There are a few recent atomic partial charge schemes that are useful.
- You mentioned the electrostatic fitting schemes. These seek to best match the electrostatic potential of the molecule / system, but wouldn't be ideal for your situation. They have problems fitting charges on "buried atoms" such as the metal center of your complex, because they have little effect on the outer electrostatic potential (i.e. all your ligands surround the metal, so it's hard to separate the charge on the metal and the charges on the ligands).
- Atomic orbital partioning (e.g. Mulliken, NAO, etc.). These methods use atomic orbitals, but are often sensitive to basis set effects.
- Hirschfeld / Atoms in Molecules (AIM) analysis. These methods seek to partition the electron density to produce charges. Consequently, they'll have little problem with your metal complex. Several schemes exist depending on the program you use, but the open source Horton package can derive most by post-processing.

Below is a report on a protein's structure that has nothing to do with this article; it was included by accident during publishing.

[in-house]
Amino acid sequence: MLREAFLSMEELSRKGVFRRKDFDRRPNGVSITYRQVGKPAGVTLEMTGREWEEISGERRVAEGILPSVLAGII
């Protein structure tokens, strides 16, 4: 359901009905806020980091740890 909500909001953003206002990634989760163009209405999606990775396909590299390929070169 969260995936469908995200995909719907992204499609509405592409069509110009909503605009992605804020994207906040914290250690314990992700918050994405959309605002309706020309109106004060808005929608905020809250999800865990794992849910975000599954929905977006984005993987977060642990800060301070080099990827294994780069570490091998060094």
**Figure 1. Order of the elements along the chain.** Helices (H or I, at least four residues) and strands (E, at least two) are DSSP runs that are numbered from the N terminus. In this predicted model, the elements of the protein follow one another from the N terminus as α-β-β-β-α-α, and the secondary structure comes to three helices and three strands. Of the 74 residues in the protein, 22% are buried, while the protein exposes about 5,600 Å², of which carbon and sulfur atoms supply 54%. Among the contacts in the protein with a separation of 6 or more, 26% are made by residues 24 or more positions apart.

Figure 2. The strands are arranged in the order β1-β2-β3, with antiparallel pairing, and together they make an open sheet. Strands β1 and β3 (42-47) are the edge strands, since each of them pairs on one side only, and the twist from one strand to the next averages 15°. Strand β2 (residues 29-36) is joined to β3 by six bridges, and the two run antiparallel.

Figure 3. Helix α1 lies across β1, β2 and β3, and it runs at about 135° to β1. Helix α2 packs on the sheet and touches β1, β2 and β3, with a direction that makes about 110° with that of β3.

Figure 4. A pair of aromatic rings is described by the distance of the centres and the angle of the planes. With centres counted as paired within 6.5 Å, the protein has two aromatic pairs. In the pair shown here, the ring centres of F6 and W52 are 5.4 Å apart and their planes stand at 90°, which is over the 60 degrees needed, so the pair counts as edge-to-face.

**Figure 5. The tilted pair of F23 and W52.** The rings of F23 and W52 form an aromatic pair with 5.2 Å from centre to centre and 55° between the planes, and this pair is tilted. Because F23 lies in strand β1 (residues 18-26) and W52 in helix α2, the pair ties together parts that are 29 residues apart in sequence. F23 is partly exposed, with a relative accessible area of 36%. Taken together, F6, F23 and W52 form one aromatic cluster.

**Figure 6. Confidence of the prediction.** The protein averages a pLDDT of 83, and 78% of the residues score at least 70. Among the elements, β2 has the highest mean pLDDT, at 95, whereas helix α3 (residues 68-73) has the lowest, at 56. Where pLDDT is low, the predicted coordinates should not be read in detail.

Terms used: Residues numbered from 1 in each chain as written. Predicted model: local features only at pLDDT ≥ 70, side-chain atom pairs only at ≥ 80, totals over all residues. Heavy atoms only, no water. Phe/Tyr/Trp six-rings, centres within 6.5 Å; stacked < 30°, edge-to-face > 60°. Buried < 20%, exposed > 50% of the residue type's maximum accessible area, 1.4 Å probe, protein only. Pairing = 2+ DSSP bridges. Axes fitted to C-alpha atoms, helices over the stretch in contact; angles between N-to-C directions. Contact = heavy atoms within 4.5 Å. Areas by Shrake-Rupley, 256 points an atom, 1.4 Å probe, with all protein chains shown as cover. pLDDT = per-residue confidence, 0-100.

- A comment above suggests Thomas Manz's DDEC6 scheme. This has been fairly robust over the last few years although has fewer proponents than Hirshfeld / IBS approaches - possibly because Chargemol is currently the only program with an implementation.
Incidentally, there's an excellent review article "The Atomic Partial Charges Arboretum: Trying to See the Forest for the Trees" that may provide useful context.
In all, no single charge distribution tells the whole story, but a
trio of well‐defined ones – i.e., one representative each of the three
major classes of Corminboeuf and coworkers – should be able to cover
most aspects of it.
The three classes mentioned include electrostatic fitting, atomic orbital partitioning, and electron density partitioning.
For your purpose, I'd highly advocate some type of electron density partitioning - these methods are resistant to basis set effects and won't have issues with buried metal centers in your molecules.